So what was the next step?
I let the idea go, even though I believed I was made to be her biographer. Months later, I realised I had to have another shot and HarperCollins accepted my proposal. But then the most extraordinary thing happened. I couldn’t read another book of Anne Perry’s: I couldn’t make any progress. It just didn’t feel okay to write a book about someone who was alive but not involved. After the high of getting a contract, I was depressed, unable to proceed. Sue told me to email Anne’s agent, Meg Davis, and tell her I had a contract and ask again if they would participate. Their response was unexpected. Meg congratulated me on the contract and asked me to send a copy of my proposal: they’d reconsider. I rejigged and sent it. The next day, I heard back. Anne would meet me in London.
And what was that meeting like?
I met Anne Perry in July 2010. The meeting, with her agent present, got off to a shaky start. I was tense. She was suspicious. It quickly felt like things were slipping into the abyss. To fill an awkward gap, I started rambling on about ancestry and told her I was of Scandinavian descent. She asked me how I knew. I said it was because I had the “curse of the Vikings” – technically known as Dupuytren’s contracture – and I showed her how the syndrome affected my hands. She then asked me if she had it. I took one of her hands, then the other, and checked them for signs of the syndrome. Amazing what you can do with a doctorate in art history. As far as I could see, she had a clean bill of health, but this contact was certainly a game changer. I settled down, she became more trusting and things jelled from that point on.
Do you think some people resent Perry’s success at writing, especially crime fiction, given the notoriety of her own crime?
Probably, but she has earned what she has. She has not had or done things other people have. She has no children; she has friendships but no significant relationship with anyone; her sentence to some extent continued. Her isolation in the world and her almost singular existence has been part of her. The same with Pauline Parker. They are people who have been successful, and it is a measure of their own redemption that they have been able to go on and do something for the world. They have also been isolated by it.
Do you think there ever is redemption for such a crime?
Yes, but that you have taken a life must be the heaviest cross to bear. It doesn’t matter how old you are – to have done so deliberately is a huge weight. I don’t think people escape the weight. Perry hasn’t thrown it off.
Anne Perry found God – what about you? Are you still religious?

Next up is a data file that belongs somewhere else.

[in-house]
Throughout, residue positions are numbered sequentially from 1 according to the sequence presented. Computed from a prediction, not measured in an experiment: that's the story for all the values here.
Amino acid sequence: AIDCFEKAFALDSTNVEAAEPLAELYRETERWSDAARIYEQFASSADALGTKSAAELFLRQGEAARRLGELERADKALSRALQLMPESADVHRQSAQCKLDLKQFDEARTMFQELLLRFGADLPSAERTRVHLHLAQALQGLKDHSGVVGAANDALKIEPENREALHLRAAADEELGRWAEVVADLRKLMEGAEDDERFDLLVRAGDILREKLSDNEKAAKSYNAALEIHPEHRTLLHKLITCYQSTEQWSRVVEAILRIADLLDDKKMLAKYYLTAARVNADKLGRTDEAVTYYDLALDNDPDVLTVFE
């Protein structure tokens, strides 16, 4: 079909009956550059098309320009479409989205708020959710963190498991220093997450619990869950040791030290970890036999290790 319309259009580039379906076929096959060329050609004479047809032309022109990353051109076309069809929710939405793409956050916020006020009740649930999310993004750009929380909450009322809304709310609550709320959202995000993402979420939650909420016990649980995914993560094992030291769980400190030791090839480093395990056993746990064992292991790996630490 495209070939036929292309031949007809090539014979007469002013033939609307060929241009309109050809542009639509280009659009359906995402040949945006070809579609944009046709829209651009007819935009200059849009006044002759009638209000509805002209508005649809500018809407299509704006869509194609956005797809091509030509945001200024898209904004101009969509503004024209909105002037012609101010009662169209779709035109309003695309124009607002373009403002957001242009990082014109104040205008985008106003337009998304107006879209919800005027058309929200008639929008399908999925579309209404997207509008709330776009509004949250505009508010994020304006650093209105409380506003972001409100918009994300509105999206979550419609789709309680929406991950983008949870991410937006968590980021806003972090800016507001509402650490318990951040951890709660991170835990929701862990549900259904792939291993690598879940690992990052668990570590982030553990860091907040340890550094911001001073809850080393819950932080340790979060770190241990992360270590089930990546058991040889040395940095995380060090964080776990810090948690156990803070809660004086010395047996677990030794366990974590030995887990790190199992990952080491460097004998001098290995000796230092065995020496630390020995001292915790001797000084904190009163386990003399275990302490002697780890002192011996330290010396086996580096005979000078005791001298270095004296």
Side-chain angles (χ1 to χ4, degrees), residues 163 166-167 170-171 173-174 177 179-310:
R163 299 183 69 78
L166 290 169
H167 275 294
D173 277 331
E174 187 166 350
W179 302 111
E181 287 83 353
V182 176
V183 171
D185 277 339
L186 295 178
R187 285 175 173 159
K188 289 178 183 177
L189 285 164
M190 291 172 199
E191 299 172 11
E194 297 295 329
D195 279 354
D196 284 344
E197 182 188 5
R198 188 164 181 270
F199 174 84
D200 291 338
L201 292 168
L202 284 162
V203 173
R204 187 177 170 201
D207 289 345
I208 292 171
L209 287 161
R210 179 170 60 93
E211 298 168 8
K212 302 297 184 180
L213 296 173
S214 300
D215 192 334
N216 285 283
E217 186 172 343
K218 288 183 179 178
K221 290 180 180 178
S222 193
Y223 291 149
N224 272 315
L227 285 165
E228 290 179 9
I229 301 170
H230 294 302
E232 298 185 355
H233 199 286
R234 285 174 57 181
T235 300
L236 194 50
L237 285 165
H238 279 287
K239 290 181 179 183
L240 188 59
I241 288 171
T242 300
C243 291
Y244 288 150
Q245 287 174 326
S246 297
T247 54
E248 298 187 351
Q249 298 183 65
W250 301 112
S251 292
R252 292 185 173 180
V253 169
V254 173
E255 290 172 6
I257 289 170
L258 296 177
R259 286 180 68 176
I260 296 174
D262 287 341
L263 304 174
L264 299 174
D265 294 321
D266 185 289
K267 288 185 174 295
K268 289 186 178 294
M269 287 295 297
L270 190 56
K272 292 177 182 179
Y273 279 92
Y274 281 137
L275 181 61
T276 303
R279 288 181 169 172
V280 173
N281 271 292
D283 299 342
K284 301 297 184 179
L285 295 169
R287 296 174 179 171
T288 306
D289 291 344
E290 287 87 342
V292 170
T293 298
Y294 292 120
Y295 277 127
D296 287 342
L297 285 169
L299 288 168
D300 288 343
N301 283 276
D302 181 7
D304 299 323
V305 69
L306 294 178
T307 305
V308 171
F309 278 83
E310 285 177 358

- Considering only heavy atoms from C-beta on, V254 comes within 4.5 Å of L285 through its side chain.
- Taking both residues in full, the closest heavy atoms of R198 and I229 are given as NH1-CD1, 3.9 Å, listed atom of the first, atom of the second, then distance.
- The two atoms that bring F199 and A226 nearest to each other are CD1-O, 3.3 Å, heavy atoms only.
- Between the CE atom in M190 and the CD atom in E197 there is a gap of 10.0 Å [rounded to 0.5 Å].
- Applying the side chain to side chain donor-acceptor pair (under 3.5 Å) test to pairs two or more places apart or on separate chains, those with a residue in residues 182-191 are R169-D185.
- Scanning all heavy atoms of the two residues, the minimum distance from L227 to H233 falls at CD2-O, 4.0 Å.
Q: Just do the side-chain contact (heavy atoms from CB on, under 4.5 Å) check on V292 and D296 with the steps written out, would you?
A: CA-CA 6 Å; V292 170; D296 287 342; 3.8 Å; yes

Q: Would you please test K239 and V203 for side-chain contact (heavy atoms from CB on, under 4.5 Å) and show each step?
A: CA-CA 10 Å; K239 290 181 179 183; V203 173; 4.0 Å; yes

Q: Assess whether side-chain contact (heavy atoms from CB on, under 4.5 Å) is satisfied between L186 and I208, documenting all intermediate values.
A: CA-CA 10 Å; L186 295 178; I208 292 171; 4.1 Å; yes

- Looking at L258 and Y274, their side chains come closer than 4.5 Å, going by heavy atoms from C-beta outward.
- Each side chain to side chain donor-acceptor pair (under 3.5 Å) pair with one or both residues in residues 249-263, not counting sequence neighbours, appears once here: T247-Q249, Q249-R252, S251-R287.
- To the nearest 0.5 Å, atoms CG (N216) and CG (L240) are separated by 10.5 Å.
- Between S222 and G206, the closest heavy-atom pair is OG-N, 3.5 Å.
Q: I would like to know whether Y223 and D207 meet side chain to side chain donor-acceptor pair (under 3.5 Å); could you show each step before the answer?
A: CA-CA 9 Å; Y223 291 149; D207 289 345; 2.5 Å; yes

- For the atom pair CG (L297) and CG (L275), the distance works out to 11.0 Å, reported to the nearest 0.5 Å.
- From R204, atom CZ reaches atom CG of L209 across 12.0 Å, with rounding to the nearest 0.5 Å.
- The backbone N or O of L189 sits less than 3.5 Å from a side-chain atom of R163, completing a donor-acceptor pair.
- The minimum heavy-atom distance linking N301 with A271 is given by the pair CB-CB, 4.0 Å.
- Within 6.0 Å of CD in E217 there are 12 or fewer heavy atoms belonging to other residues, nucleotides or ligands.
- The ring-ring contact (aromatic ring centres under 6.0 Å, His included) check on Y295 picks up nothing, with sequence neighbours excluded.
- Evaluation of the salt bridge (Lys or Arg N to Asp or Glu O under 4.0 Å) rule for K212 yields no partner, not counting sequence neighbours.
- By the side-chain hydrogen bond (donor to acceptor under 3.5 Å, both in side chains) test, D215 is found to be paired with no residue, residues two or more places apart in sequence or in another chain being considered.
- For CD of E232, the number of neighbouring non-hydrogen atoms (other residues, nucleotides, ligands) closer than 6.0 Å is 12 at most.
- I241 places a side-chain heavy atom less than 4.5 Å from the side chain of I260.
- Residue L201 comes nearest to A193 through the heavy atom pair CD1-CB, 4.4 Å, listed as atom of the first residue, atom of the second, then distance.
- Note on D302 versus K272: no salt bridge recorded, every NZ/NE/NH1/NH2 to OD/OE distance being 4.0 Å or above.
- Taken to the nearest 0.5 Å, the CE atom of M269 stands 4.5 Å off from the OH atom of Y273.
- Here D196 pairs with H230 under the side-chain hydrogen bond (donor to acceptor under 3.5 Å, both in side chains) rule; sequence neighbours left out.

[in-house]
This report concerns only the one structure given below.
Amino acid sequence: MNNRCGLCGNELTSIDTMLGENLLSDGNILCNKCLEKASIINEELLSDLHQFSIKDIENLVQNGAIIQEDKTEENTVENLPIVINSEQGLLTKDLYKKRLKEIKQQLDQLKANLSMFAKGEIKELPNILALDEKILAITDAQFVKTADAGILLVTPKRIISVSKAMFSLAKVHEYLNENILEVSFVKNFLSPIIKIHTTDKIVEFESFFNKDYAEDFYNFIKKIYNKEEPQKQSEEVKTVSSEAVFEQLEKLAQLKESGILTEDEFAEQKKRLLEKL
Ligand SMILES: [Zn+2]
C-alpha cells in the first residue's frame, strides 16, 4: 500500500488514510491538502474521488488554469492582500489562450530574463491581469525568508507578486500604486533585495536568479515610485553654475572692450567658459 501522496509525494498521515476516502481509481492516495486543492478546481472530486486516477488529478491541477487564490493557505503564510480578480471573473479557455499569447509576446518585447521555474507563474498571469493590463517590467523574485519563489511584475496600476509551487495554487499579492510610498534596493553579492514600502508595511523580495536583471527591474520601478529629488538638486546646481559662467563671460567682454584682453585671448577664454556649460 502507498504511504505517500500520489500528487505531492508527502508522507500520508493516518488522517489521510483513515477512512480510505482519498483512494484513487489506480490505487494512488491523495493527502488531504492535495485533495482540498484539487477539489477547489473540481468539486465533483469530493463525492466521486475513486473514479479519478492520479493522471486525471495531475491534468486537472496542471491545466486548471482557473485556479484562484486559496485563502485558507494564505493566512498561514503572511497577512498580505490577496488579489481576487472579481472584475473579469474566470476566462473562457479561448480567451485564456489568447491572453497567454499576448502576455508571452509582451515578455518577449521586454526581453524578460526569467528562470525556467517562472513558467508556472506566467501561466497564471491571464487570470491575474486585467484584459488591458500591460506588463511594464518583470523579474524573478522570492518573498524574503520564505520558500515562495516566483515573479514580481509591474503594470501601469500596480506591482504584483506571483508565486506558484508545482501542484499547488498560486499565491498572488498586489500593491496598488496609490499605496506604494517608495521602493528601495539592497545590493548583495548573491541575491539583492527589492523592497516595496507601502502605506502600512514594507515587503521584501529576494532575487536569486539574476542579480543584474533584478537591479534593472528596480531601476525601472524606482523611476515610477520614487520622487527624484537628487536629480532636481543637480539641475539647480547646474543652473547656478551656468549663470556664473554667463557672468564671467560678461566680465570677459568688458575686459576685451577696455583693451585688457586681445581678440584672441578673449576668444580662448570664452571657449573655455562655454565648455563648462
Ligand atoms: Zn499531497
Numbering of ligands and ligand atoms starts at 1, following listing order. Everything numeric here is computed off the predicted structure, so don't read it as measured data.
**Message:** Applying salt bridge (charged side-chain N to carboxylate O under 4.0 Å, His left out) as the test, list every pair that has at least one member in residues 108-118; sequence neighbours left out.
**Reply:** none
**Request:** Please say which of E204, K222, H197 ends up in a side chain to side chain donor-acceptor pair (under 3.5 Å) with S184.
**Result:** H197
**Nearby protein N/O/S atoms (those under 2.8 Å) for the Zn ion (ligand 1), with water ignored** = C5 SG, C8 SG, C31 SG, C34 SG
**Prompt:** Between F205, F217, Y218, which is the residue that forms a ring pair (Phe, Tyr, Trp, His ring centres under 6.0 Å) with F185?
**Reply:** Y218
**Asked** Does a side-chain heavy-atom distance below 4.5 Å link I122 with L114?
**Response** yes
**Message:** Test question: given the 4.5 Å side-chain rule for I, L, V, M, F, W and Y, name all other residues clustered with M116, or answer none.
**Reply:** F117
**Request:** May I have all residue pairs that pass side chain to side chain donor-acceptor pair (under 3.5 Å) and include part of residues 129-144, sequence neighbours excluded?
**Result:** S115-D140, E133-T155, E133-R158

St Matthew-in-the-City in Auckland is liberal-minded and I am on the vestry. They have an expansive attitude, but I have told them that if they don’t bless same-sex unions in the next synod, I’ll leave. The Church has been very discriminating and uncharitable towards gay people and not the best to women.
So why do you stick with it?
It gives you a base values system that is supporting of a good life. And I love the bells, smells and music.
You left your husband after 12 years’ marriage and two children for Sue, and you’ve been together for 27 years. Your life together has come at a cost, hasn’t it?
I haven’t seen one of my sons, Andrew, for 20 years because of the lesbian stuff. At 12, he made a decision about that. That part of my memoir is about the losses you sustain when you come out of the closet.
How do you deal with that?
Not well, all of the time. It is sad. I write to him, but on the occasions when I have enough heart to send something, they just disappear into the ether and I never hear back.
The Hudson and Halls book will also have some sadness about it, but what’s the general outline?
It is a look at their career and life together. It follows each of their childhoods. It is a biography of a relationship to some extent. It has a great resonance with New Zealand society. It is the baby-boomer decades when food changed dramatically: what we chose to eat, the way we cooked it, the way we entertained and the way we imagined food might be. And what we drank. Remember when there was no wine? It was sherry. Their story is also about television. TV turned New Zealand on its head, in a way; it completely changed people’s lives, altered the geography of the lounge, where people sat, where they ate their food. So it’s food, it’s TV and it’s also homosexual-law reform. The whole deal about changing attitudes and what kind of life you might have.
When you get the chance, what do you read?
I enjoy 19th- and early-20th-century classic novels. I am reading Bram Stoker’s Dracula at the moment. I like crime, detective and mystery novels, and biography, which I adore when it’s done well. I am captivated by puzzles and most of all I am fascinated by the puzzle of life.
This article was first published in the June 10, 2017 issue of the New Zealand Listener.